A ribbon cutting ceremony for the Harney Community Energy project, a biomass district heating system in Burns was held Friday, Oct. 28, at Slater Elementary School.
The event included statements from key project partners and government leaders, a tour of the biomass boiler building, and an opportunity for questions and answers with the project team.
Harney Community Energy is an innovative, first-of-its-kind project in North America. Wisewood Inc. has been working with Harney County School District No. 3 and Harney County since 2012 to develop a district energy system that will deliver heat to multiple key community facilities using woody biomass sourced from the surrounding region. The project showcases the first community-scaled biomass boiler in the United States that is designed specifically to use hog fuel, a coarse woody material generated as a byproduct directly from forest restoration and management activities. The project also represents a unique ownership model, in which the local community has formed the High Desert Biomass Cooperative to take ownership of the turnkey system after one year of operations. The project is widely expected to represent a replicable model for community-scaled economic development that increases energy independence, advances biomass utilization, and supports forest health. Construction was financed through a Program Related Investment loan from the Meyer Memorial Trust, with support from the U.S. Endowment for Forestry and Communities and the High Desert Biomass Cooperative.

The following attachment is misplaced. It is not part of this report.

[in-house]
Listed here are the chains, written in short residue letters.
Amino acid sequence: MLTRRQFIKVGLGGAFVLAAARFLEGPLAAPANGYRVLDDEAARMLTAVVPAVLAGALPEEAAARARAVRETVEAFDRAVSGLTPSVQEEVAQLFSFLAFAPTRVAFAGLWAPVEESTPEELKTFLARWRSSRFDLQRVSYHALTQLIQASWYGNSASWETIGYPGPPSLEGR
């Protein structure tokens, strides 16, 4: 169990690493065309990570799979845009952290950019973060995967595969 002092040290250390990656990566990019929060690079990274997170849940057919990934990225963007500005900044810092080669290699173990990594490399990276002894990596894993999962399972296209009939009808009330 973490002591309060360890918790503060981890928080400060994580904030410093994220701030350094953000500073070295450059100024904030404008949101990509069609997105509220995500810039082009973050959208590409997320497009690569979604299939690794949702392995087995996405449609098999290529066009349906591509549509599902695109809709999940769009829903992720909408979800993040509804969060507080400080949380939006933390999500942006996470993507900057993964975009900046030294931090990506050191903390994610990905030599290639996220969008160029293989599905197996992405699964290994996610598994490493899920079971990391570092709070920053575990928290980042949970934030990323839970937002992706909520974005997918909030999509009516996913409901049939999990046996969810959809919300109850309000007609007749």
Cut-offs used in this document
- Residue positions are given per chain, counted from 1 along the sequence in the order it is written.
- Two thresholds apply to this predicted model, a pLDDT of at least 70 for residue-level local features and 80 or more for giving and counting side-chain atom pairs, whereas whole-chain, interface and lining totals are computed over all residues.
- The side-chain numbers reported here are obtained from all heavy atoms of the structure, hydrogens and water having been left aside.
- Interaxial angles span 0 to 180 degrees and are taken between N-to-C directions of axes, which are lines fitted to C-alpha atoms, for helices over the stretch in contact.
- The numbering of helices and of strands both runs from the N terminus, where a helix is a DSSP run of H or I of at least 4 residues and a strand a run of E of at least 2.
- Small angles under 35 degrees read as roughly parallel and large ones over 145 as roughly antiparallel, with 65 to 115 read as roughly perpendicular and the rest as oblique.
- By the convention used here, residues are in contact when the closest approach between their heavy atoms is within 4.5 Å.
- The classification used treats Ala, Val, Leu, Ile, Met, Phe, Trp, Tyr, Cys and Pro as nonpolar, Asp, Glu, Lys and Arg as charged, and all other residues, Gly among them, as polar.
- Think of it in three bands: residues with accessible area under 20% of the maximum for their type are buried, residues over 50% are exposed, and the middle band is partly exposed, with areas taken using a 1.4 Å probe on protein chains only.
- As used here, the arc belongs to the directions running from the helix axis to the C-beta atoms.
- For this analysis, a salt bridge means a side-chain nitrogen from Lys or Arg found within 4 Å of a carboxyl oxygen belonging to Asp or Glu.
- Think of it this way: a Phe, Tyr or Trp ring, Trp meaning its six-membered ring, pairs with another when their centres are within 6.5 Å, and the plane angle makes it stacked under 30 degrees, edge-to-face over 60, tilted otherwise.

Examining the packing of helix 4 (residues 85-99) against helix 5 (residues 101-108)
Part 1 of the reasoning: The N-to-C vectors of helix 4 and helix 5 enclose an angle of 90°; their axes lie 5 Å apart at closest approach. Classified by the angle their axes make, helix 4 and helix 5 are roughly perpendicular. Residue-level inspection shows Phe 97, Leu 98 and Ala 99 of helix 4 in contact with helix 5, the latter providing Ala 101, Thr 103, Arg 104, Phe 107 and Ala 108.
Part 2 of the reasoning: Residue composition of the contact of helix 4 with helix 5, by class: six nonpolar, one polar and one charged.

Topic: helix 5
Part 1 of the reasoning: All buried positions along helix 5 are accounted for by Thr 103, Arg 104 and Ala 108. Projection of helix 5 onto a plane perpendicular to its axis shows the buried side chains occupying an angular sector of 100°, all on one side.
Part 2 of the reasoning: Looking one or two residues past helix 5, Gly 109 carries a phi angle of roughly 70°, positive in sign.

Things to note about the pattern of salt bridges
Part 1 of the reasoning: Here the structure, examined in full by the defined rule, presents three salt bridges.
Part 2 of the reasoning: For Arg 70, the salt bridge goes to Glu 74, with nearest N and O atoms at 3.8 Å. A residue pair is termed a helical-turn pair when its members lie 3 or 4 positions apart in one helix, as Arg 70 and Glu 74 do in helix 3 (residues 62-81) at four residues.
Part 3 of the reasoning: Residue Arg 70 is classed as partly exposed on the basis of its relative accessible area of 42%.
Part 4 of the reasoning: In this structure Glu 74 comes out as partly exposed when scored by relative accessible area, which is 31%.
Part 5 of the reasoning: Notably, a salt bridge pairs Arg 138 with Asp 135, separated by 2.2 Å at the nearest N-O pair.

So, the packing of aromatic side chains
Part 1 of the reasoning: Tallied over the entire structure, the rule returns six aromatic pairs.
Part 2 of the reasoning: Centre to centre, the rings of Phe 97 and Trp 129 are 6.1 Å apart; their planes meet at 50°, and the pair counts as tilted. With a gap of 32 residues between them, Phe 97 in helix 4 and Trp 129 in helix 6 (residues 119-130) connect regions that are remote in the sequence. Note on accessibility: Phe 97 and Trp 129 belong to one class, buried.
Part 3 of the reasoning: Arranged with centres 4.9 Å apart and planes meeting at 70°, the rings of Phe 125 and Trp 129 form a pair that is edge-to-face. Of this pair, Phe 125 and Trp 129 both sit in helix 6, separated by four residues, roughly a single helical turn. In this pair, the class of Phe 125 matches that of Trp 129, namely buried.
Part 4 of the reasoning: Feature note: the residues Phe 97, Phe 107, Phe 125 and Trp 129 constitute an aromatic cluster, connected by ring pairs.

Governor Kate Brown’s Energy Policy Advisor Ruchi Sadhir said the project, which will save the school district about $135,000 per year, sets an example across the state, and praised those involved for “stepping up and showing us how it’s done.”
Lori Cheek, chairperson for the Harney County School District No. 3 board of directors, has been working with the county and Wisewood from the beginning to bring the project to fruition. In relation to the number of local opportunities the project has, and can offer, she said, “This is about our community. This is about us.”
Wisewood President Andrew Haden explained how the boiler system works, and said the buildings connected this year are Slater Elementary, the Harney County Courthouse, sheriff’s office, and jail, and Symmetry Care (a mental health facility) for a total of about 105,000 square feet.
Future potential buildings to be connected to the system include St. Andrew’s Church, Holt Family Catholic Church, Harney District Hospital, school district offices, downtown Burns, and others.
“There were people watching us put in the lines and they would ask if they could get connected in the future,” Haden said.
“This is truly a success story,” Harney County Judge Steve Grasty said.